Army of the Ukrainian National Republic. The armed forces of Ukraine during the struggle for independence (1917–20). Unlike the Ukrainian Galician Army, the regular armed forces of the Western Ukrainian National Republic, the Army of the Ukrainian National Republic was never a regular, well-structured organization, but was made up of various armed volunteer units. The history of the UNR Army can be divided into three main phases: the periods of the Central Rada, the Hetman government, and the Directory of the Ukrainian National Republic, although the formation of its units in all phases was to a large degree spontaneous and chaotic.
During the Central Rada period the UNR Army was formed in three ways: (1) by spontaneous detachment of Ukrainian units from the Russian army, forming, on the western front, the Haidamaka Cavalry Regiment; in Moscow, three Shevchenko regiments; in Symferopil and Chernihiv, the Doroshenko regiments; in Kyiv, the Polubotok Regiment, the Khmelnytsky Regiment (Bohdanivtsi), and other smaller units; (2) through Ukrainianization of Russian army units (at first without, but later with, the consent of the Russian army command); (3) through the reorganization of former army units (eg, the Sich Riflemen company was formed out of Austrian prisoners of war in Russia) or the creation of new units out of various army personnel (eg, the Bluecoats were formed out of Ukrainian prisoners of war in German camps and the Graycoats were formed out of Ukrainian prisoners of war in Austrian camps).
The formation of Ukrainian units in the Russian army was part of the process of general disintegration of the multinational Russian army along national lines that had begun at the front and in the rear immediately after the February Revolution of 1917. Soviets of soldiers' deputies were elected by separate units. In units with a significant number of Ukrainian soldiers, separate Ukrainian soldiers' soviets were formed in parallel with the general soviets (in the rear they were called also soldiers' clubs, assemblies, and committees). Apart from the spontaneous national awakening, an important role in the formation of Ukrainian units was played by the Ukrainian Military Club (formed in Kyiv on 22 February on the initiative of Lt Mykola Mikhnovsky), which formed the Ukrainian Military Organizing Committee, whose task was to organize Ukrainian volunteer units. The appeals of the committee were very successful and stimulated the first manifestation of Ukrainian military strength during the All-Ukrainian military congresses in Kyiv (the first on 18–21 May 1917, the second on 18–23 June, the third on 2–12 November), which supported the Central Rada unconditionally, called for the separation of Ukrainian units from the Russian army and elected the first military leadership—the Ukrainian Military Committee.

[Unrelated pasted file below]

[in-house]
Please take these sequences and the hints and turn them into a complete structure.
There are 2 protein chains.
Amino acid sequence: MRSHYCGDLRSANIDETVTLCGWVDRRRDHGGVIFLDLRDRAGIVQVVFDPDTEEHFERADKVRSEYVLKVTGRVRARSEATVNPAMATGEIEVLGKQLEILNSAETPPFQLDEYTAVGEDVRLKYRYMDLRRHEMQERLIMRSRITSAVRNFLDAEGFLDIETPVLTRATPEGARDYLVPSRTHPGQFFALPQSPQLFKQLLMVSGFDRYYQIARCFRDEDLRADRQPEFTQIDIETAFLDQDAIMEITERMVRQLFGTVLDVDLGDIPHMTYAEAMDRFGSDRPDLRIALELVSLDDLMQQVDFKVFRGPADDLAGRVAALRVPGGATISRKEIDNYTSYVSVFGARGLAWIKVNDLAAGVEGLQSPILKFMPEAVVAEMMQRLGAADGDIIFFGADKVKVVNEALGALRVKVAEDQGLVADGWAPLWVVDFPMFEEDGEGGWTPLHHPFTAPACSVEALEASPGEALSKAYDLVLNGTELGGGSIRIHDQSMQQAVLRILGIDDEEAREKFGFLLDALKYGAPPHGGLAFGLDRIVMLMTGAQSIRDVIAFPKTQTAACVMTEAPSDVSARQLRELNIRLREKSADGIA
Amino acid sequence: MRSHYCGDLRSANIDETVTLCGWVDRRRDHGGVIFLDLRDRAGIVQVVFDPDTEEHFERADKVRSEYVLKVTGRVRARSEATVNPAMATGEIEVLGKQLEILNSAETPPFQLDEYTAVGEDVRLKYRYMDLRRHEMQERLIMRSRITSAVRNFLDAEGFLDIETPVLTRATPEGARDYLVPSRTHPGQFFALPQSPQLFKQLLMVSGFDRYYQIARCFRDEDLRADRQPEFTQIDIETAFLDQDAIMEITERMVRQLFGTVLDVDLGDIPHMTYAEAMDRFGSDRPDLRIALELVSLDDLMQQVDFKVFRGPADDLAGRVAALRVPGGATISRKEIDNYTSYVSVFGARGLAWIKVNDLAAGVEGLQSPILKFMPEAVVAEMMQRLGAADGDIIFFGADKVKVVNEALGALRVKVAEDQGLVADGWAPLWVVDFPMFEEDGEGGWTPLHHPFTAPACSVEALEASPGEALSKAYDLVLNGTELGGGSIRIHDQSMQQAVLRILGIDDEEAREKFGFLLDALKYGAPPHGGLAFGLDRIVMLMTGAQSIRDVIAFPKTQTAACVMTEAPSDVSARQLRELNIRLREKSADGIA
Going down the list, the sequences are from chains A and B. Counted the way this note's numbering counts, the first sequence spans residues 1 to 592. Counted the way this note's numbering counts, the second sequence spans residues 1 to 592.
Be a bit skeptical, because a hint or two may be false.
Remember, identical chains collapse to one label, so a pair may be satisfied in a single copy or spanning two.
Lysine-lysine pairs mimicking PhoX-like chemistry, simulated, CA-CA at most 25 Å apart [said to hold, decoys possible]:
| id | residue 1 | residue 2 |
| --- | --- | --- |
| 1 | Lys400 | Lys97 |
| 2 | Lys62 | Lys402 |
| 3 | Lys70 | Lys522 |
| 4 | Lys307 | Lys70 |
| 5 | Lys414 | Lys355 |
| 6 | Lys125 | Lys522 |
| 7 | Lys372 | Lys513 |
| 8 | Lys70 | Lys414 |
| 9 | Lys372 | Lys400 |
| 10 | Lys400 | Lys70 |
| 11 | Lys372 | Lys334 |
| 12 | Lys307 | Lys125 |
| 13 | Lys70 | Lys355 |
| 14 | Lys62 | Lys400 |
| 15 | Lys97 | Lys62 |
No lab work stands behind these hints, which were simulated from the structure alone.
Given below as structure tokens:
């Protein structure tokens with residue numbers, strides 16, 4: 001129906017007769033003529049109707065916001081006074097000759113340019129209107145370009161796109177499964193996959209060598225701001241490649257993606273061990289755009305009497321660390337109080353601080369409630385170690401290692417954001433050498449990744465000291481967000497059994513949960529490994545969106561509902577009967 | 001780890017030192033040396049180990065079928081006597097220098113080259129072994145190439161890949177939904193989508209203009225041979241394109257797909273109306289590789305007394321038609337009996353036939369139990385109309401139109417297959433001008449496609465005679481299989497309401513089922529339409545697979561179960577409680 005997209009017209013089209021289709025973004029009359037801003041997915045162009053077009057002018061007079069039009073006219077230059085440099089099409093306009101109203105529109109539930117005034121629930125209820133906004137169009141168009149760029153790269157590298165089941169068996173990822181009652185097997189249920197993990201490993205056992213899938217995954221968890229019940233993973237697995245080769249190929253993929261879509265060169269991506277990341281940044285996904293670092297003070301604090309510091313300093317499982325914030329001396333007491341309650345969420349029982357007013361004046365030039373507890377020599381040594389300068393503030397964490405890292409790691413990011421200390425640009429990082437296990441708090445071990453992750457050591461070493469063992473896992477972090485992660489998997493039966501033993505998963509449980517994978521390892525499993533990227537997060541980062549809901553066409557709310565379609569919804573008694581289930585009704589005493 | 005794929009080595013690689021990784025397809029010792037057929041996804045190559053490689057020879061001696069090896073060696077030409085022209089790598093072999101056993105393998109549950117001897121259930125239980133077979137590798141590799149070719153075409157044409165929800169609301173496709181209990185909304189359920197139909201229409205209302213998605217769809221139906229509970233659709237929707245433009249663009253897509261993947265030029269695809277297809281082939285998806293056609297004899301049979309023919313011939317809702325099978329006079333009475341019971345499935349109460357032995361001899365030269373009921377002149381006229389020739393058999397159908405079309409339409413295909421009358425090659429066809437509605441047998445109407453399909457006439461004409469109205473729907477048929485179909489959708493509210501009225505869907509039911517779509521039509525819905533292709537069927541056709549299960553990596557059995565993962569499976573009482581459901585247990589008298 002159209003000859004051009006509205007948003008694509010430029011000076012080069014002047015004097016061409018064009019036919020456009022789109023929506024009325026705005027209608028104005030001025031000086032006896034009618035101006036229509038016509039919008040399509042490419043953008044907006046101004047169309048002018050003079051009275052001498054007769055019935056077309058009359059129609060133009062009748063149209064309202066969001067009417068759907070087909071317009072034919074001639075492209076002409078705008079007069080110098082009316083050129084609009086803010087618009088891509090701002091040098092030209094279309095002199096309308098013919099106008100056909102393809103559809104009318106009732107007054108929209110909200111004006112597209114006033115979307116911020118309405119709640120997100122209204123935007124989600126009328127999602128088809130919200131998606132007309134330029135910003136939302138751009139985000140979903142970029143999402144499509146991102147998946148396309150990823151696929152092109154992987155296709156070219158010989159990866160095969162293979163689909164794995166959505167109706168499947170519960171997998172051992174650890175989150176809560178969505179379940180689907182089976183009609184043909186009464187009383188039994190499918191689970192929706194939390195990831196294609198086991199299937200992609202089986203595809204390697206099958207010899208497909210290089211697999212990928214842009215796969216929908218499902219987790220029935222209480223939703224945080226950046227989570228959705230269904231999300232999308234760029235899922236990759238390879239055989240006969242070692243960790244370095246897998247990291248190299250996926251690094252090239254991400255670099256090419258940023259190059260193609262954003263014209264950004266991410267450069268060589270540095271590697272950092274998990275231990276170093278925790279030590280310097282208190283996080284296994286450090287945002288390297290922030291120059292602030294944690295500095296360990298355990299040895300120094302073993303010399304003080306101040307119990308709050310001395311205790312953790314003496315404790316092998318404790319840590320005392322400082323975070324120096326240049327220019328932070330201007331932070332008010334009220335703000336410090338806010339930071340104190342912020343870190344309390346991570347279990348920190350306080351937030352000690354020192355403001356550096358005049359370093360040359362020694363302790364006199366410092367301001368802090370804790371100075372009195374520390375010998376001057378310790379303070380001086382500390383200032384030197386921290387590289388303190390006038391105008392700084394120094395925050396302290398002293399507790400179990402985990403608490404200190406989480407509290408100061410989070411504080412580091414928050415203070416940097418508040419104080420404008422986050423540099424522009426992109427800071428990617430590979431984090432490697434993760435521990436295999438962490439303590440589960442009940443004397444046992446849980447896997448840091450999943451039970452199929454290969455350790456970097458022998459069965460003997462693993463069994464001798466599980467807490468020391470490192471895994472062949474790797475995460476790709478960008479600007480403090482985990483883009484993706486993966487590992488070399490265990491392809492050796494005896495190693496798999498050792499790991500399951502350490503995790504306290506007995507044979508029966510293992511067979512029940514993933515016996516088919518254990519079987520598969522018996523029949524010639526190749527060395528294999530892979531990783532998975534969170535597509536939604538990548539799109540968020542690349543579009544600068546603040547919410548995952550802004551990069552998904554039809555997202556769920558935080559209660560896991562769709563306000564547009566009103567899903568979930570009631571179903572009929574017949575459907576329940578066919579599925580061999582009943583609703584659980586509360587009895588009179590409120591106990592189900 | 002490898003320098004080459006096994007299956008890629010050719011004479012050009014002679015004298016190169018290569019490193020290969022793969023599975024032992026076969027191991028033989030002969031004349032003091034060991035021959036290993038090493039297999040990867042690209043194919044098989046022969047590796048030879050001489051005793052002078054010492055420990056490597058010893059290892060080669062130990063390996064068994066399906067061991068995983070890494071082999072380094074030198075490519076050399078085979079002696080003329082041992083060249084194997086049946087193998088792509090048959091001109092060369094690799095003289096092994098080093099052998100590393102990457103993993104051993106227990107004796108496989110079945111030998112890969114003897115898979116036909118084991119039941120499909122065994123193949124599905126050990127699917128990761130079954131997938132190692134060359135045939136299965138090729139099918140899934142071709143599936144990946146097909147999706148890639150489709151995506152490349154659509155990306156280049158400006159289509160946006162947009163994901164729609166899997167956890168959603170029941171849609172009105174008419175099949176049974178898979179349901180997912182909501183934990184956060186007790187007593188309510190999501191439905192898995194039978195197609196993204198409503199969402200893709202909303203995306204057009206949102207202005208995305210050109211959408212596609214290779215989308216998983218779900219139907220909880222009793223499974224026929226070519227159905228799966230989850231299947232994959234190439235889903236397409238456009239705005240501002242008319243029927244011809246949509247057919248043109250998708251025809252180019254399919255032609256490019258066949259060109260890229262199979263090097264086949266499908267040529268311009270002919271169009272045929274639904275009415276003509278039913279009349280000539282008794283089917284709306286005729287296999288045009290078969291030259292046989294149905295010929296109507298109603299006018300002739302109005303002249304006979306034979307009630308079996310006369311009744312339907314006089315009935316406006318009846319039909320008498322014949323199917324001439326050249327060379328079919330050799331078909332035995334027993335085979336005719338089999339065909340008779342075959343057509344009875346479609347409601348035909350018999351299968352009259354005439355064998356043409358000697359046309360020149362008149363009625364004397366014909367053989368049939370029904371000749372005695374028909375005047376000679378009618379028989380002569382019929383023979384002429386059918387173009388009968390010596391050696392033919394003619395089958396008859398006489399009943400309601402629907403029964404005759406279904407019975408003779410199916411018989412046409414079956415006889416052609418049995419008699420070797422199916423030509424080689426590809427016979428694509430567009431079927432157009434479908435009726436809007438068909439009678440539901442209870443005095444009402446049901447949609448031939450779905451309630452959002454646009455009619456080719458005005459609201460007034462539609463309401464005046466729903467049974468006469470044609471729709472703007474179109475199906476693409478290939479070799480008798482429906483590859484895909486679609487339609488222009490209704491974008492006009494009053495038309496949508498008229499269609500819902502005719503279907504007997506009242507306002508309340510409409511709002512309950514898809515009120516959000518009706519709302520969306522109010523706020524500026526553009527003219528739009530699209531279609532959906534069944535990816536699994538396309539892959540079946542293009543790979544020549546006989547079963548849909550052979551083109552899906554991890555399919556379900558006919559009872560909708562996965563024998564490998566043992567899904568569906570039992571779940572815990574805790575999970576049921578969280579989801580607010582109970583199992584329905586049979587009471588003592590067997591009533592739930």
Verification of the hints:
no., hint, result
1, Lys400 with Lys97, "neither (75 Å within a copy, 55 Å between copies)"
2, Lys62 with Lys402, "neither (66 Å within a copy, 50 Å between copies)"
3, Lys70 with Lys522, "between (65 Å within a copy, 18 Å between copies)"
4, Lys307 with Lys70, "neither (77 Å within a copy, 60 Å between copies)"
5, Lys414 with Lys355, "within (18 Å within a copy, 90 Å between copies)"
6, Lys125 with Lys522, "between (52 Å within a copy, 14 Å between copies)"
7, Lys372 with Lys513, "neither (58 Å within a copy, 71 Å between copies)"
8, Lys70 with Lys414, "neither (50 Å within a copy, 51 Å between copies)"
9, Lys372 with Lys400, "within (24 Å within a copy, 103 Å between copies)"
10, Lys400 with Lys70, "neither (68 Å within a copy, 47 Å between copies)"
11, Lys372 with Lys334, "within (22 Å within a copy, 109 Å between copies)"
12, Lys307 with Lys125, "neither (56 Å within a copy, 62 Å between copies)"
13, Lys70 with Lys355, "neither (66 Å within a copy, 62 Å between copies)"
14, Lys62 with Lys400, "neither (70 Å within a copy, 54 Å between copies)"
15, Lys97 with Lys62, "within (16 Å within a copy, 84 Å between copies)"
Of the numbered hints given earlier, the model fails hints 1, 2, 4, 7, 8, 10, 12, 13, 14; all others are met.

Instances of spontaneous Ukrainianization on the front became widespread (on the northern front, the 21st Corps; on the Romanian front, the 10th and 11th corps; on the western front, part of the 9th Corps). In units that were nationally mixed, the Ukrainian soldiers formed their own subunits, in which both discipline and fighting ability were superior and resistance to the Bolshevik appeals for demobilization was stronger than in other subunits. Because of this and the demands of the representatives of the organizing committee, the Russian commander in chief, Gen A. Brusilov, agreed to the official Ukrainianization of some units: the two-division 34th Russian Corps under the command of Gen Pavlo Skoropadsky (renamed the 1st Ukrainian) and the 6th Russian Corps (renamed the 2nd Sich Zaporozhian Corps) under the command of Gen Mandryka. Of 4 million Ukrainians in the Russian army in 1917, only 1.5 million were Ukrainianized, and the majority of these declared themselves neutral when it came to fighting the Bolsheviks or demobilized under the influence of Bolshevik agitation.
The Central Rada itself had no clear plans concerning military organization and did not recognize the need for a standing army based on compulsory military service. Instead, the concept of Free Cossacks, a volunteer, territorial, national militia, won out and was ratified by the Rada on 13 November 1917. As a result, on the eve of the Bolshevik invasion, the Central Rada announced the demobilization of the regular army (16 January 1918). Instead of building a standing army the government began recruitment for the national militia, for which uniforms and insignia were already designed. The Ukrainian-Bolshevik war (see Ukrainian-Soviet War, 1917–21) convinced the Central Rada that Ukraine needed a regular standing army. A recruitment plan was worked out for an army that was to be made up of eight infantry corps and four cavalry divisions. Before these plans could be realized the Central Rada was overthrown by the Germans and replaced by the Hetman government. Before the downfall of the Central Rada, the UNR Army consisted of the Zaporozhian Corps (four infantry regiments, one cavalry regiment, and two light-artillery detachments), the Sich Riflemen Regiment, the Bluecoats, the Graycoats (in the process of formation), plus an indeterminate number of Free Cossacks, for a total of approximately 15,000 soldiers.